DAKAR/PARIS (Reuters) – France launched a coalition of West African and European allies on Friday to fight jihadi militants in the Sahel region, hoping more political cooperation and special forces troops would boost a military effort that has so far failed to stifle violence.
Paris was due to host virtual meetings of 45 defence and foreign ministers to launch the revamped coalition, which was first announced at a summit in January.
France has deployed thousands of soldiers in the arid region south of the Sahara desert since 2013, and now has 5,100 troops there aiming to combat Islamist insurgencies. But violence by groups linked to al Qaeda and Islamic State has risen and the security situation deteriorated last year.
Paris has long said it wants more support from other European countries and cooperation between states in the region.
The revamped coalition would provide more help from European special forces for regional armies, and financial aid from countries such as Saudi Arabia and the United Arab Emirates.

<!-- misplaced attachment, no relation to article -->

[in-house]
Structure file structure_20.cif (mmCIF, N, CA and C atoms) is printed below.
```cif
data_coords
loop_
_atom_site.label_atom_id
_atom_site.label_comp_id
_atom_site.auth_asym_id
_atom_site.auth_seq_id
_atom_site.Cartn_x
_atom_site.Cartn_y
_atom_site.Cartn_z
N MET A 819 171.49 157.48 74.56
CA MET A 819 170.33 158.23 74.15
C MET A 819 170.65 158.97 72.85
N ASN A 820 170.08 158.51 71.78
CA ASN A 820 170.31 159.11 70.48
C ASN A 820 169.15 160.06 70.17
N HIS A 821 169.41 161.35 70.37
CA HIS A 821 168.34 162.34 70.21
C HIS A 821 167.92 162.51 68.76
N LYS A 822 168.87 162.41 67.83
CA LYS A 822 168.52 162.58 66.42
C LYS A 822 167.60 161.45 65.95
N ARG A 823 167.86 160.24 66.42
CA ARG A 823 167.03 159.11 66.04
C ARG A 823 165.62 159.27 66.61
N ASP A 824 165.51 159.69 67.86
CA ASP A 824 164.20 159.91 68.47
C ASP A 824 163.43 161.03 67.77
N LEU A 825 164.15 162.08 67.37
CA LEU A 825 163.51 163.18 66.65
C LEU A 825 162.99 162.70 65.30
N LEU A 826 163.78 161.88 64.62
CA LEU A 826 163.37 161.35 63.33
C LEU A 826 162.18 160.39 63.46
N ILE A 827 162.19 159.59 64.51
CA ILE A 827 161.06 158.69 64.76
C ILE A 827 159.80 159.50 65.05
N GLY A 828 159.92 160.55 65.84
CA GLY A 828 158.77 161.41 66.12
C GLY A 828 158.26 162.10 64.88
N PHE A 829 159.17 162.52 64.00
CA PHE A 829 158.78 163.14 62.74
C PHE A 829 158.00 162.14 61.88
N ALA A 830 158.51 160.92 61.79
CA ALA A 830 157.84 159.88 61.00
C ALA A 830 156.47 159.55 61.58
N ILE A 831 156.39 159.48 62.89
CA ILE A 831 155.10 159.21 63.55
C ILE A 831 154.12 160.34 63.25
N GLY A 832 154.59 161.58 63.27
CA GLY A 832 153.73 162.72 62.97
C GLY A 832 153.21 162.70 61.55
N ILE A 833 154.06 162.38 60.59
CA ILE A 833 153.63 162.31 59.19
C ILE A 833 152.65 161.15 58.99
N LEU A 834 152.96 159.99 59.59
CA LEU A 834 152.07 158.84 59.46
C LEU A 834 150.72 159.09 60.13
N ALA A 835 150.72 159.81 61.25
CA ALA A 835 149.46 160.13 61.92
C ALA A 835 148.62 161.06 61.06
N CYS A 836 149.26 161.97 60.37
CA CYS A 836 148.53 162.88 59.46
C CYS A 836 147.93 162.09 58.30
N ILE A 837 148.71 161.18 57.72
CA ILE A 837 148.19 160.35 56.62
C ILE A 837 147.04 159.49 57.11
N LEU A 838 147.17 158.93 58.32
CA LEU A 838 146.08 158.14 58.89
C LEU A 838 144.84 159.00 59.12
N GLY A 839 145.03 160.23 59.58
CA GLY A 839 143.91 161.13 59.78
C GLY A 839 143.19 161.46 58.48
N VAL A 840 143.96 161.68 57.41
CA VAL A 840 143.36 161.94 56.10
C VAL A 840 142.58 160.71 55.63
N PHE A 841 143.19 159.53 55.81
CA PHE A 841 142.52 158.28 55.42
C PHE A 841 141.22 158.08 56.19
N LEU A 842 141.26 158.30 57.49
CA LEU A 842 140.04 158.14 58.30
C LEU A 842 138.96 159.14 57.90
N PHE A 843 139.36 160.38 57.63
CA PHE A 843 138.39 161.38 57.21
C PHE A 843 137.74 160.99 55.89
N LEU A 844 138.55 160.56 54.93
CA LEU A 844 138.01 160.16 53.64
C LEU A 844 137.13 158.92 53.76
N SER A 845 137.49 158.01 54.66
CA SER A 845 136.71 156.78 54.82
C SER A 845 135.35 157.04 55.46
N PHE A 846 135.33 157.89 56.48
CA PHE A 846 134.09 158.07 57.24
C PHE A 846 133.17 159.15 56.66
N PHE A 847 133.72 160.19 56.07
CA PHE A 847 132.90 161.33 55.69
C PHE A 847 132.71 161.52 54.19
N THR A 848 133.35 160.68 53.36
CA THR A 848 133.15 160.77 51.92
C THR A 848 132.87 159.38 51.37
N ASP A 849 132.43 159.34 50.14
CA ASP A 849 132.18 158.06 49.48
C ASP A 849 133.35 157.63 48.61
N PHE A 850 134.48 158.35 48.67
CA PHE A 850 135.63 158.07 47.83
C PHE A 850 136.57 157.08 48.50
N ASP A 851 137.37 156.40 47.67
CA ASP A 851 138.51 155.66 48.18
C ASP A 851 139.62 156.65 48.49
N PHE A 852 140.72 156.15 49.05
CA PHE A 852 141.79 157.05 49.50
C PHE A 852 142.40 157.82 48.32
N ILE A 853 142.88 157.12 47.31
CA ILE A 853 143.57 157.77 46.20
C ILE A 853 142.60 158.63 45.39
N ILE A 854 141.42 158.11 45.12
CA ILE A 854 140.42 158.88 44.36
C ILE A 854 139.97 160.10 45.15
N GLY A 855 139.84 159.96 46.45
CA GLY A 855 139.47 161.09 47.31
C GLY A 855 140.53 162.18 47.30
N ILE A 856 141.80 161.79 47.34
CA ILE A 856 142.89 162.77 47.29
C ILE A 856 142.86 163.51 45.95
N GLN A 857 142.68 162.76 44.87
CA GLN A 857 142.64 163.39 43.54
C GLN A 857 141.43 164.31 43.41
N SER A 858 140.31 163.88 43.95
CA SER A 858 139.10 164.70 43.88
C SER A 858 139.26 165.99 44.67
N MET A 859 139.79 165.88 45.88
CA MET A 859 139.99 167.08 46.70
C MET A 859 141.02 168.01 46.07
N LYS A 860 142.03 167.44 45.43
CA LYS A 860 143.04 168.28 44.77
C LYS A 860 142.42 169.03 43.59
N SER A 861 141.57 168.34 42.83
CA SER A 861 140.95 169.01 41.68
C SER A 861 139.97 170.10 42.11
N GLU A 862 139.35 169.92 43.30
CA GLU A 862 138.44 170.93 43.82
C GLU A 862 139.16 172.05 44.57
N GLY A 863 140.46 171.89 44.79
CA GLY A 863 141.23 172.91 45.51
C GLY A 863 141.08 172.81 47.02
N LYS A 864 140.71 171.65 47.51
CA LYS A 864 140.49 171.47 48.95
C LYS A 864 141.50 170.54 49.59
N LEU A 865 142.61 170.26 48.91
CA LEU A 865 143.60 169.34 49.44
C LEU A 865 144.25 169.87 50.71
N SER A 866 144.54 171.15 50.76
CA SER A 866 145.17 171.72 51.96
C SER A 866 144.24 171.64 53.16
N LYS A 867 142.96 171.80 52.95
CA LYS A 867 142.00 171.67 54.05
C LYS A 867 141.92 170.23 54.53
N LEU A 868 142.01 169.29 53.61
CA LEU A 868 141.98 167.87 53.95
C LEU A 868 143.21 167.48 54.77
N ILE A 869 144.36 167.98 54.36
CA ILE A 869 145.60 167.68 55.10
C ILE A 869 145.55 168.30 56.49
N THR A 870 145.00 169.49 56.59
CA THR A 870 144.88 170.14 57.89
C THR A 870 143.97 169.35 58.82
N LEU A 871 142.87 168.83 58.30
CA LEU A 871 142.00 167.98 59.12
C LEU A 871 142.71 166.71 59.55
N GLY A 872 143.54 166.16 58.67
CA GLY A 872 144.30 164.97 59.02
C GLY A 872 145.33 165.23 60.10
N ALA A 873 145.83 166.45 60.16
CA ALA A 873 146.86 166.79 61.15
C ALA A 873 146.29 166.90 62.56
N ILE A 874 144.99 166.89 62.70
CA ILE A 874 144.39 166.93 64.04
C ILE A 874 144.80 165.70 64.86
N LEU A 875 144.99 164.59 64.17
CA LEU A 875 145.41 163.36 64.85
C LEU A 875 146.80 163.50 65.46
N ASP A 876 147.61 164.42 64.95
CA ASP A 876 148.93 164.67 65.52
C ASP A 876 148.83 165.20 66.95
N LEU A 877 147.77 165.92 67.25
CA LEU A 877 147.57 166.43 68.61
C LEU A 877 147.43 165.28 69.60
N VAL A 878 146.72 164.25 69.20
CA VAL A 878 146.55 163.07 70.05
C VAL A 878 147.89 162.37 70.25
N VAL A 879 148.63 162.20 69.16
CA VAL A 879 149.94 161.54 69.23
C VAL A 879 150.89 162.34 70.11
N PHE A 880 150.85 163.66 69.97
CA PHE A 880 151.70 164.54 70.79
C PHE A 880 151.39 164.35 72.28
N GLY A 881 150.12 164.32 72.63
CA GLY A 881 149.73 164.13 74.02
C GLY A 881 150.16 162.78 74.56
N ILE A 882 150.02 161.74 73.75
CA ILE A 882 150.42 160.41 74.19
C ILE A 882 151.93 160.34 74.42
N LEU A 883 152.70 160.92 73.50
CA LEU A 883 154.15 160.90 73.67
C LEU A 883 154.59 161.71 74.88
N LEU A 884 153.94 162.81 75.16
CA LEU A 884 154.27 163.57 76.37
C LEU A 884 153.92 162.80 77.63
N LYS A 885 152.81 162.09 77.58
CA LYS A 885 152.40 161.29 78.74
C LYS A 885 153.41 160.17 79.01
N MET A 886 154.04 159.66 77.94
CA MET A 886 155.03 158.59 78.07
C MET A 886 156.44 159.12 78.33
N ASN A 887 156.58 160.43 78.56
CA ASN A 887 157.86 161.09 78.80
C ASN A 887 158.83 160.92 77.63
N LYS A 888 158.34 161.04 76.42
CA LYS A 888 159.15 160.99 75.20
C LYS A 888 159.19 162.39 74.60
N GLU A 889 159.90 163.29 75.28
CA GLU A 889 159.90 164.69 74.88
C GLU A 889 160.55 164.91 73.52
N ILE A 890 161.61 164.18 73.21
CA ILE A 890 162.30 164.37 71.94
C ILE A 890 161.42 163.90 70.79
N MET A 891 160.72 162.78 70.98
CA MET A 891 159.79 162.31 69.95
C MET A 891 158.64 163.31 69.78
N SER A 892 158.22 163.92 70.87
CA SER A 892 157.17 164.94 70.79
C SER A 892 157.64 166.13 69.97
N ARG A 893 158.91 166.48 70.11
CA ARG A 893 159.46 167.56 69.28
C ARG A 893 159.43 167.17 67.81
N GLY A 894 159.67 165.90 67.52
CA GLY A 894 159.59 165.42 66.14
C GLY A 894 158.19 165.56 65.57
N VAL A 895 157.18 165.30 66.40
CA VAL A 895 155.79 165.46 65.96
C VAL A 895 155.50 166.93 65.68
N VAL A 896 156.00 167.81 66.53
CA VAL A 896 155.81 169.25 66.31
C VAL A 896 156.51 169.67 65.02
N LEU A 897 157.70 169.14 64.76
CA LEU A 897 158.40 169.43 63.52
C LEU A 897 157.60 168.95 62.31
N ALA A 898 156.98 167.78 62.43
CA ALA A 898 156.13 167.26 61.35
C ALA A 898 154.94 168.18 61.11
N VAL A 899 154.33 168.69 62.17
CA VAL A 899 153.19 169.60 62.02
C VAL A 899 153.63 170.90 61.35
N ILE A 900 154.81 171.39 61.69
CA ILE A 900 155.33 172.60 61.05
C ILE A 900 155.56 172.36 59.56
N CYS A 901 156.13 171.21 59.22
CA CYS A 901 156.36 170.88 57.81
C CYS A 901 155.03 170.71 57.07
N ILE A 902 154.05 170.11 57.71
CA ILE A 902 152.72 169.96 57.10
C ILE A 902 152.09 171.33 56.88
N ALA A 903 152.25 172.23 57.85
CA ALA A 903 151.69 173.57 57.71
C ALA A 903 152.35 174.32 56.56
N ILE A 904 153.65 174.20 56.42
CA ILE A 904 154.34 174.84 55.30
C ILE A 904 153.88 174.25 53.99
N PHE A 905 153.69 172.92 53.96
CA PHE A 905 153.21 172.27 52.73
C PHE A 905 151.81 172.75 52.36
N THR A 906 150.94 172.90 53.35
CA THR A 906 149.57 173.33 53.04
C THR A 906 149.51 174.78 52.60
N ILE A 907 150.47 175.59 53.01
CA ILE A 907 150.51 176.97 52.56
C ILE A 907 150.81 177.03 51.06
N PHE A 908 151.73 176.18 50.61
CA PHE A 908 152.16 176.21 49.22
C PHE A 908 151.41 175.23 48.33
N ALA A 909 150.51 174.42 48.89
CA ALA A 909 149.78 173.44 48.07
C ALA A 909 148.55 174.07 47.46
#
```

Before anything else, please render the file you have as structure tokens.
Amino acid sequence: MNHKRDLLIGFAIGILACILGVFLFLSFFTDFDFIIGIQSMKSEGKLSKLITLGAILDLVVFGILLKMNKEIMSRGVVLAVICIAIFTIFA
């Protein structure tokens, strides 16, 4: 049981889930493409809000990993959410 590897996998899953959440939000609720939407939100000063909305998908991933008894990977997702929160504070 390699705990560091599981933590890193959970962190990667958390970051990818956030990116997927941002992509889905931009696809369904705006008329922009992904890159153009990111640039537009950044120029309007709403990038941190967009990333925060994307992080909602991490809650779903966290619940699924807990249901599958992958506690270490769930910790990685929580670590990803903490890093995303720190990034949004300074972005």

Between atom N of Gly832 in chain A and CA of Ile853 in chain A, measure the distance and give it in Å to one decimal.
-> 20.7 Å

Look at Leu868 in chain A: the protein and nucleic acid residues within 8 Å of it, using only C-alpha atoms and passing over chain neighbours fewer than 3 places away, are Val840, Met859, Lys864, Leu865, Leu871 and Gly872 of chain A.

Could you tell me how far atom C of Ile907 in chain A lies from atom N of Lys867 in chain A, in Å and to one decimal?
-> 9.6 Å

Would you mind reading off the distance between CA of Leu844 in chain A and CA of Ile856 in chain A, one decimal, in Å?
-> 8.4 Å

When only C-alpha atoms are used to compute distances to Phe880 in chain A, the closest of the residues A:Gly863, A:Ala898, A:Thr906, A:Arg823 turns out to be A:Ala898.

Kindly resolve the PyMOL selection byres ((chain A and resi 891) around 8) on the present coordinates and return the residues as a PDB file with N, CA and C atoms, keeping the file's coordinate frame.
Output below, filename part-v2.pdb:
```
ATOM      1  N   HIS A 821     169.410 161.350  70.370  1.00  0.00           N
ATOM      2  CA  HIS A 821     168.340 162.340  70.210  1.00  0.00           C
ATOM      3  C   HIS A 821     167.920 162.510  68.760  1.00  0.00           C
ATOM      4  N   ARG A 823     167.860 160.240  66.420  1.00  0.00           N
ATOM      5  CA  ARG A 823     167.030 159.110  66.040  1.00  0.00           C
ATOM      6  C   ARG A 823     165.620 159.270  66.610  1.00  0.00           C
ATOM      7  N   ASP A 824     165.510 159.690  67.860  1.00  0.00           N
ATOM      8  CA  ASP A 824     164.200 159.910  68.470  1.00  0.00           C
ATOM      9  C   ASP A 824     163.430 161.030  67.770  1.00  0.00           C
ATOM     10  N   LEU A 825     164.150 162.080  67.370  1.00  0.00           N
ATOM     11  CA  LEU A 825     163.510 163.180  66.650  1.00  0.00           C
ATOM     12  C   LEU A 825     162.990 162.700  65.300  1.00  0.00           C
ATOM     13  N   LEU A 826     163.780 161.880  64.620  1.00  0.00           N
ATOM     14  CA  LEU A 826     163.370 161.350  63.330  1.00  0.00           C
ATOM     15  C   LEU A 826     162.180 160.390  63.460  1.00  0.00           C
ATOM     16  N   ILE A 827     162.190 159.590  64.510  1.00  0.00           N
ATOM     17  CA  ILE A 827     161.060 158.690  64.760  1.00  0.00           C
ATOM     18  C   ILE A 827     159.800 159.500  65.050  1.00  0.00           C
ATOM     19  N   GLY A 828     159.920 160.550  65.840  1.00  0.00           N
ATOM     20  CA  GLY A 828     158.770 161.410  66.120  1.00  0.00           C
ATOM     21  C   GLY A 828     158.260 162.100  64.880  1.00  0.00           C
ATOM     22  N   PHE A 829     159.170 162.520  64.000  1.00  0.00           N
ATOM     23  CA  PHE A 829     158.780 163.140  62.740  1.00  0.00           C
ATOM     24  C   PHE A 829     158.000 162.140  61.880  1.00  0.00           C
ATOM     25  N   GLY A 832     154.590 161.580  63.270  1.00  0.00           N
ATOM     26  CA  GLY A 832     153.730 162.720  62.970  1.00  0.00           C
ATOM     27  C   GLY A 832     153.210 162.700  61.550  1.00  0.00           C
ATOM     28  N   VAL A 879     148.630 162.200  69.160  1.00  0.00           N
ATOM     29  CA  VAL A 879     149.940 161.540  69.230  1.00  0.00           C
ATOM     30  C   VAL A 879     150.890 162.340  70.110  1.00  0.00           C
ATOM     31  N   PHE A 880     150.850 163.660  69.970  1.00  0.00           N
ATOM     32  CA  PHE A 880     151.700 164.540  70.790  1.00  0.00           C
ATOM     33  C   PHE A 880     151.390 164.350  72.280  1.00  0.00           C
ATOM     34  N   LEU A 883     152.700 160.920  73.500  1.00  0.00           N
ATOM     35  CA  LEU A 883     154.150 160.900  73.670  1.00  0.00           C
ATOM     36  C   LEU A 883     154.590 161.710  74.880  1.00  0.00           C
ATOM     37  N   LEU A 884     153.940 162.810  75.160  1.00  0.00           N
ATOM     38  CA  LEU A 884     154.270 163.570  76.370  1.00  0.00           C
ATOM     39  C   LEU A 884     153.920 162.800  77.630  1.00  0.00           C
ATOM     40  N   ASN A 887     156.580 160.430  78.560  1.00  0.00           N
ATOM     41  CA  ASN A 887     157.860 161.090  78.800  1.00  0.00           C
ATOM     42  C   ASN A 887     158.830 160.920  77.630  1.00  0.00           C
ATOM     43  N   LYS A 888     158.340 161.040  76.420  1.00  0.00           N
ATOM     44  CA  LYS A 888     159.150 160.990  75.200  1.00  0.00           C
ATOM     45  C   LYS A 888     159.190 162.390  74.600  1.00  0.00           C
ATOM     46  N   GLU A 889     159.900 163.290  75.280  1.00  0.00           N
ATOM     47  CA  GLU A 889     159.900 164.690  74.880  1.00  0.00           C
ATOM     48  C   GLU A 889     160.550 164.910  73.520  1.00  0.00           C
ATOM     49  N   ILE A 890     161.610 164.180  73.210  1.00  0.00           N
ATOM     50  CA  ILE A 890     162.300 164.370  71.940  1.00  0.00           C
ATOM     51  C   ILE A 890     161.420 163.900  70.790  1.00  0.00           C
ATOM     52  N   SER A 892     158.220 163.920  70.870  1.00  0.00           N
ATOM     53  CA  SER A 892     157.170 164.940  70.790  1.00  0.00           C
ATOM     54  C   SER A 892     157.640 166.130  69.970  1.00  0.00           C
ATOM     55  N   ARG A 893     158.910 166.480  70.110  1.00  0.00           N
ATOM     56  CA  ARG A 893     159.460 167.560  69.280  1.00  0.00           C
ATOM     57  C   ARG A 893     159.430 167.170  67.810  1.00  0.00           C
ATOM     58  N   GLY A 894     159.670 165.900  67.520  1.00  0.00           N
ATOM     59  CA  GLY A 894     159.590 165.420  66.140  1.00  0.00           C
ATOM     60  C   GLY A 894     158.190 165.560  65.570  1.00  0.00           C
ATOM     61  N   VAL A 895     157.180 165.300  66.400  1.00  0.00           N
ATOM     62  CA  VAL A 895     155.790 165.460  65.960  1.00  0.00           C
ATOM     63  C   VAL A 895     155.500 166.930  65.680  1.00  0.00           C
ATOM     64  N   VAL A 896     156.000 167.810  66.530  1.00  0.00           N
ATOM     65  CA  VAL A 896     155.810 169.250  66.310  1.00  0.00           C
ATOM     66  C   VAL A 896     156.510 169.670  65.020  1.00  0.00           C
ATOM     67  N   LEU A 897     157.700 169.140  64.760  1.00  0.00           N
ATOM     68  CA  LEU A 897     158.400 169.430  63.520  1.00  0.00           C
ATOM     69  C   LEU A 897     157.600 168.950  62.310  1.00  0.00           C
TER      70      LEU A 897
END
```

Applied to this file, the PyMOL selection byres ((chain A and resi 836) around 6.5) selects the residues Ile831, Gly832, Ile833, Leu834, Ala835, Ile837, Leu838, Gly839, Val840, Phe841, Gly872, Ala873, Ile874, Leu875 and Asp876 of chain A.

“Today in the Sahel, victory is possible. Our partners are becoming aware of that,” a senior official at the French president’s office told journalists ahead of the launch.
Although France and Sahel forces have made some recent gains including the killing of al Qaeda’s North Africa chief Abdelmalek Droukdel, militants have continued attacks, pushing further south towards coastal countries such as Ivory coast.
Meanwhile, reported rights abuses including suspected extrajudicial killings of civilians by national armies have drawn condemnation.
“If there are exactions against civilians, you cannot expect their collaboration,” Drissa Traore, a Malian human rights activist, told a news conference on Thursday.
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